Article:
Eye Health

“I Need Help Reading!”

As people reach their mid to late 40s, a condition called presbyopia can set in. The word Presbyopia comes from Latin, translated it means “old eyes.” Presbyopia is the inability to focus on objects near the eye. People usually notice that it gradually becomes more difficult to read small print or use the computer for a long period of time. Wearing bifocals or reading glasses is a way to remedy this condition.

Presbyopia is a natural consequence of the aging process. As a person ages, the lens of the eye continues to grow, adding layers of cells like a growing onion. As the lens gets thicker, it becomes less and less flexible, resulting in increasing difficulty changing shape to focus for near vision. There is currently no cure, though researchers are constantly looking for one. Even if a person has never had vision problems before, he or she may still develop presbyopia. While symptoms can present suddenly, presbyopia usually occurs over a long period of time. Symptoms include having to hold things at arm’s length to see them clearly, eye strain, fatigue and headaches from near work.

Computer Glasses
To reduce eye strain and fatigue, we carry specialized computer lenses. These lenses are perfect for computer users who spend a majority of their days working on computers. And since three out of four computer users will suffer from Computer Vision Syndrome, computer lenses are a great way to keep your eyesight healthy.

Reading Glasses
One of the first areas of your life where presbyopia becomes prominent is in your ability to read. There are a variety of styles available, with sleek designs that allow you to carry them anywhere.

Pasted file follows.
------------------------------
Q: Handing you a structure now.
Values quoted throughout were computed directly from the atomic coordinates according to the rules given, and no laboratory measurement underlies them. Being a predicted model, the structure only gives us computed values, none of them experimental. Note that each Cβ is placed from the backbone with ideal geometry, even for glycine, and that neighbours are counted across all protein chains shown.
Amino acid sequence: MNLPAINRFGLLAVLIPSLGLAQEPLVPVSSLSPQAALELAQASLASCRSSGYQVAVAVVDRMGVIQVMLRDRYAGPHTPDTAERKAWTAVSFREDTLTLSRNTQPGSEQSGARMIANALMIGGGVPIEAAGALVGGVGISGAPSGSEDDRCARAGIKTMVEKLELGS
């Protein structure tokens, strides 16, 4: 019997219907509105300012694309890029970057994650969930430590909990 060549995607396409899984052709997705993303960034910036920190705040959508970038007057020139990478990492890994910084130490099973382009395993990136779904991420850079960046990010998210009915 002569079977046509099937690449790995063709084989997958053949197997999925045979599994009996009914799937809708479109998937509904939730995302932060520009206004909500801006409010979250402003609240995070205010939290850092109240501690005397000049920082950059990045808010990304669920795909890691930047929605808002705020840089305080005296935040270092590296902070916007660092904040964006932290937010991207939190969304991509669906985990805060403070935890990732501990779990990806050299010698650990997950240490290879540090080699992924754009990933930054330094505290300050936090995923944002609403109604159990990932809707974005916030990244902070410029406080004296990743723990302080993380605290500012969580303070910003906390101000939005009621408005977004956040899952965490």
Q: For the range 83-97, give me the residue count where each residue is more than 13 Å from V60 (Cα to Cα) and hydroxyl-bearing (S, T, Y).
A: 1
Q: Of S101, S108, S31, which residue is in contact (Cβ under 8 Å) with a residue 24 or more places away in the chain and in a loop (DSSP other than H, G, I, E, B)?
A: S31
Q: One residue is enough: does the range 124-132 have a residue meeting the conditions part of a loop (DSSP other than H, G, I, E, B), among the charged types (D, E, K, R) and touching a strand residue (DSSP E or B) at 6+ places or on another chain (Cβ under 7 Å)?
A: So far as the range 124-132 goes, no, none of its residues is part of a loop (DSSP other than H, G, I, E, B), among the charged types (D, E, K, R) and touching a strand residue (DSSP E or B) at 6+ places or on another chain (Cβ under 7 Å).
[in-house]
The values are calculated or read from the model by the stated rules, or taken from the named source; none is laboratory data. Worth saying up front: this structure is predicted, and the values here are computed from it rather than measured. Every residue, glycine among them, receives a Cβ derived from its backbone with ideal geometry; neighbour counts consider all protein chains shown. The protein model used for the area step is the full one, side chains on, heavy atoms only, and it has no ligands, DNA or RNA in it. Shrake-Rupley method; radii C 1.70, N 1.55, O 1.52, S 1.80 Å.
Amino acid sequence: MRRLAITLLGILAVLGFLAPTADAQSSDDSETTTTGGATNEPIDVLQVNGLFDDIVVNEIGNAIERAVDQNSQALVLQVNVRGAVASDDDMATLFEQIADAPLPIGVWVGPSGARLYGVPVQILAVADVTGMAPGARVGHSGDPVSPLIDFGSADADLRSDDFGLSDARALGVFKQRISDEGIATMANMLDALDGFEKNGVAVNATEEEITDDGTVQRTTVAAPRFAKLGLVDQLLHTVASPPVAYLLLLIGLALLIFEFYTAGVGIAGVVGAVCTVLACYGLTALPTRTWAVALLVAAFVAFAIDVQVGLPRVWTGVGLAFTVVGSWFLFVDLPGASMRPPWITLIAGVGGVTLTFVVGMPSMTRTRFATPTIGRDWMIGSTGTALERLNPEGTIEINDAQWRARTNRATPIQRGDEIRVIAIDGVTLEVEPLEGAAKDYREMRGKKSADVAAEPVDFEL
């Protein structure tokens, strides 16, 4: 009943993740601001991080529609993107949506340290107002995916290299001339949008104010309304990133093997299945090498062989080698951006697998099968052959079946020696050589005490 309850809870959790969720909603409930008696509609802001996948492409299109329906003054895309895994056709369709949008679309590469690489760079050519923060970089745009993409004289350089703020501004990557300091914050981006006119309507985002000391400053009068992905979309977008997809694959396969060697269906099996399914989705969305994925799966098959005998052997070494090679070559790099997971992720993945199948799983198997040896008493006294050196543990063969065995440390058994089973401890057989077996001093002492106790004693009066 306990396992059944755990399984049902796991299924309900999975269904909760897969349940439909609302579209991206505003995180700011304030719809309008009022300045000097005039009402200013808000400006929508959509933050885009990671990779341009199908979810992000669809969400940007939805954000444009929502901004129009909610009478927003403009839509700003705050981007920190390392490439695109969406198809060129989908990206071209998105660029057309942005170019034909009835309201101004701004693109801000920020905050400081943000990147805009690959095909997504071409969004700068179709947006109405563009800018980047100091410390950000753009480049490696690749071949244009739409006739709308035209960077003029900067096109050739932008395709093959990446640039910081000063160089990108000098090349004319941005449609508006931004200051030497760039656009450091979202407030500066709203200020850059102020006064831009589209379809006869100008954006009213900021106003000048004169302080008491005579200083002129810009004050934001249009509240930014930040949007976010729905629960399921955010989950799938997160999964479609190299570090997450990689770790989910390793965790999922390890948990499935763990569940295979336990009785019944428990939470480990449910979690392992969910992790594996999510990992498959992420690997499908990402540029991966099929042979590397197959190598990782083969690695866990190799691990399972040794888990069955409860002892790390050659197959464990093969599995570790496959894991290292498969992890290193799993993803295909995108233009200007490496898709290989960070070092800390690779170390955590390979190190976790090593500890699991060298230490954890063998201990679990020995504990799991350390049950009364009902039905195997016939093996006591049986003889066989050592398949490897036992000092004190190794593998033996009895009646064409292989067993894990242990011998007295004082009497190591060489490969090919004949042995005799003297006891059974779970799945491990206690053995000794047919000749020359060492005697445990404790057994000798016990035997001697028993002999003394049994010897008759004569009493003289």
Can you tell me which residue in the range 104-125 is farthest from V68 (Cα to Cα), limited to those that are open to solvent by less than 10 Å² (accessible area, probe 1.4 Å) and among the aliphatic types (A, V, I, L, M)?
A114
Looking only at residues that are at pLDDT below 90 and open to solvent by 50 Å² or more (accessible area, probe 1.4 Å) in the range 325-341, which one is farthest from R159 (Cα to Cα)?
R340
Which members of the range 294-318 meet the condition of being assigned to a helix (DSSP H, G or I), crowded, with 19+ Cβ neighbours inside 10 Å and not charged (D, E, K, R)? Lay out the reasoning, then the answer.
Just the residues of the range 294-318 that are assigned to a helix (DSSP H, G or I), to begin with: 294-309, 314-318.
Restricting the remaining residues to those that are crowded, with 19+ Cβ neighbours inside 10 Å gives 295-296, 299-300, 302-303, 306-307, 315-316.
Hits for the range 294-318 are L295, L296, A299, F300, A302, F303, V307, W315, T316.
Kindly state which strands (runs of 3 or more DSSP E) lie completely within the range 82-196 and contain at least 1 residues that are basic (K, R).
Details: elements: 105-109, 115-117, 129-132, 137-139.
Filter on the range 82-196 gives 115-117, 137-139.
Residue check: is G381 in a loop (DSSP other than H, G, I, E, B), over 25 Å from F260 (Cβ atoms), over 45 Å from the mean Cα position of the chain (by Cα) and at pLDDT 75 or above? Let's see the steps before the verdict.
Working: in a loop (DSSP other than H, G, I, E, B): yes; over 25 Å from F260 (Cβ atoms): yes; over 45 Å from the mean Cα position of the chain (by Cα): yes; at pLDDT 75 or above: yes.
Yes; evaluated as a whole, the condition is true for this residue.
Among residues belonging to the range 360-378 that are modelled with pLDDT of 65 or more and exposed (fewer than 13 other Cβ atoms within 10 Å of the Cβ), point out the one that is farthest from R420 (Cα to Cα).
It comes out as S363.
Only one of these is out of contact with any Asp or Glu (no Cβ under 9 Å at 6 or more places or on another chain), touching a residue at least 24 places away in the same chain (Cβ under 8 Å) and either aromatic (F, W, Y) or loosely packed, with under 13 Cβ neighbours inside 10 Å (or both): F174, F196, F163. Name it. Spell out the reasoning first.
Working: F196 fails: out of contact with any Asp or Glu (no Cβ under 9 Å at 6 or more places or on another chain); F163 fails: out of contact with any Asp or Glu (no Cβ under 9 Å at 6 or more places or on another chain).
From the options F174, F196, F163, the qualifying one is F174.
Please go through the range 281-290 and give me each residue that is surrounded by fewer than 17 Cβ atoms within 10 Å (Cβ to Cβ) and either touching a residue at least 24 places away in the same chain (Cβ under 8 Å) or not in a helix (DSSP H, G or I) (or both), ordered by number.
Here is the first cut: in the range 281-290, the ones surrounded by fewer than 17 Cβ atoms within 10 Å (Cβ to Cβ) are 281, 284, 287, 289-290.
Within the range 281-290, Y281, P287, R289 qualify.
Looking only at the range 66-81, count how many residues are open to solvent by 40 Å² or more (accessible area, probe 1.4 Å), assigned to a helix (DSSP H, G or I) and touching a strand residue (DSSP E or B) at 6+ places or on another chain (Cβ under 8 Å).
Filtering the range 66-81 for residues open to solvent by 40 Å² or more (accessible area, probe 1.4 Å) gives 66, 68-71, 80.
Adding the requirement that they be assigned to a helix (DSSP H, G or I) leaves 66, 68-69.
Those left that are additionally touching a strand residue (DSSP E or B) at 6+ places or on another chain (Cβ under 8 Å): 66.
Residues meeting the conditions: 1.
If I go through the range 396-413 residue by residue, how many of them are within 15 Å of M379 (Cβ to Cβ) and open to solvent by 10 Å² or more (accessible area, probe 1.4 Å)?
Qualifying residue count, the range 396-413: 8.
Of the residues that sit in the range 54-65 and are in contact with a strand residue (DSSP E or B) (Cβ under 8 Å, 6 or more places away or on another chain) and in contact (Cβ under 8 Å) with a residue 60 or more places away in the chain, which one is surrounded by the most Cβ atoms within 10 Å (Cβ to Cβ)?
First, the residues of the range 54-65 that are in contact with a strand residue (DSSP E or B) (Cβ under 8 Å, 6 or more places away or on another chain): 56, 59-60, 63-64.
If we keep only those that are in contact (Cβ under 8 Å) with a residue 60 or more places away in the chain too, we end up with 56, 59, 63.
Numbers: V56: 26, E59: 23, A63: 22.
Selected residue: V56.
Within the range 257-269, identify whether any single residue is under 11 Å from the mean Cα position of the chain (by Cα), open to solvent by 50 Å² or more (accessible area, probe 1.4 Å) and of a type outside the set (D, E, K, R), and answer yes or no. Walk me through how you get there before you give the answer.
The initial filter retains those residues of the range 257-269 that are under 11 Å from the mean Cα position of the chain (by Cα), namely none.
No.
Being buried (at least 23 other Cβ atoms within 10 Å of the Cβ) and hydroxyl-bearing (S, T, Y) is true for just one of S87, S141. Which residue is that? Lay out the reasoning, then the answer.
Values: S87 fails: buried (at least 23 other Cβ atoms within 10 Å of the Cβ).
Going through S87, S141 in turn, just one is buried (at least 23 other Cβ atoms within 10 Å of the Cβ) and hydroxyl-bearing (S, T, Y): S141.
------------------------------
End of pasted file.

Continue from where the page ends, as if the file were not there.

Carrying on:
No-Line Bifocals
For many presbyopes, bifocal lenses are a necessity. But it can be difficult to adjust to the harsh line that is found in bifocal lenses. Fortunately, there are no-line lenses, which are also called progressive lenses. No more lines! Just a gradual change in focusing power which allows you to comfortably focus on any distance. Just as in wearing bifocals, distant objects are viewed through the top portion of the lenses, and near objects are viewed through the bottom portion of the lenses.

Bifocal Contacts
If you need bifocals but would like an alternative option to wearing glasses at all times, you may be a possible candidate for bifocal contact lenses. Bifocal contacts provide most of the benefits of bifocal eyeglasses in the convenience of contact lenses. Ask Dr. Veatch if bifocal contacts are an option for your eyes.

Monovision Correction
For some of our presbyopes we offer another option to glasses, by using a special arrangement of contact lens powers called monovision. This is a method of fitting your dominant eye with a contact lens providing distance vision and your non-dominant eye with a contact lens for near vision. Many different contact lenses are available to best match your vision goals and life style. Contact lenses are available as daily disposable lenses, or two week or one month replacement lenses. Most patients require 2-4 weeks to make the adjustment from binocular vision to monovision.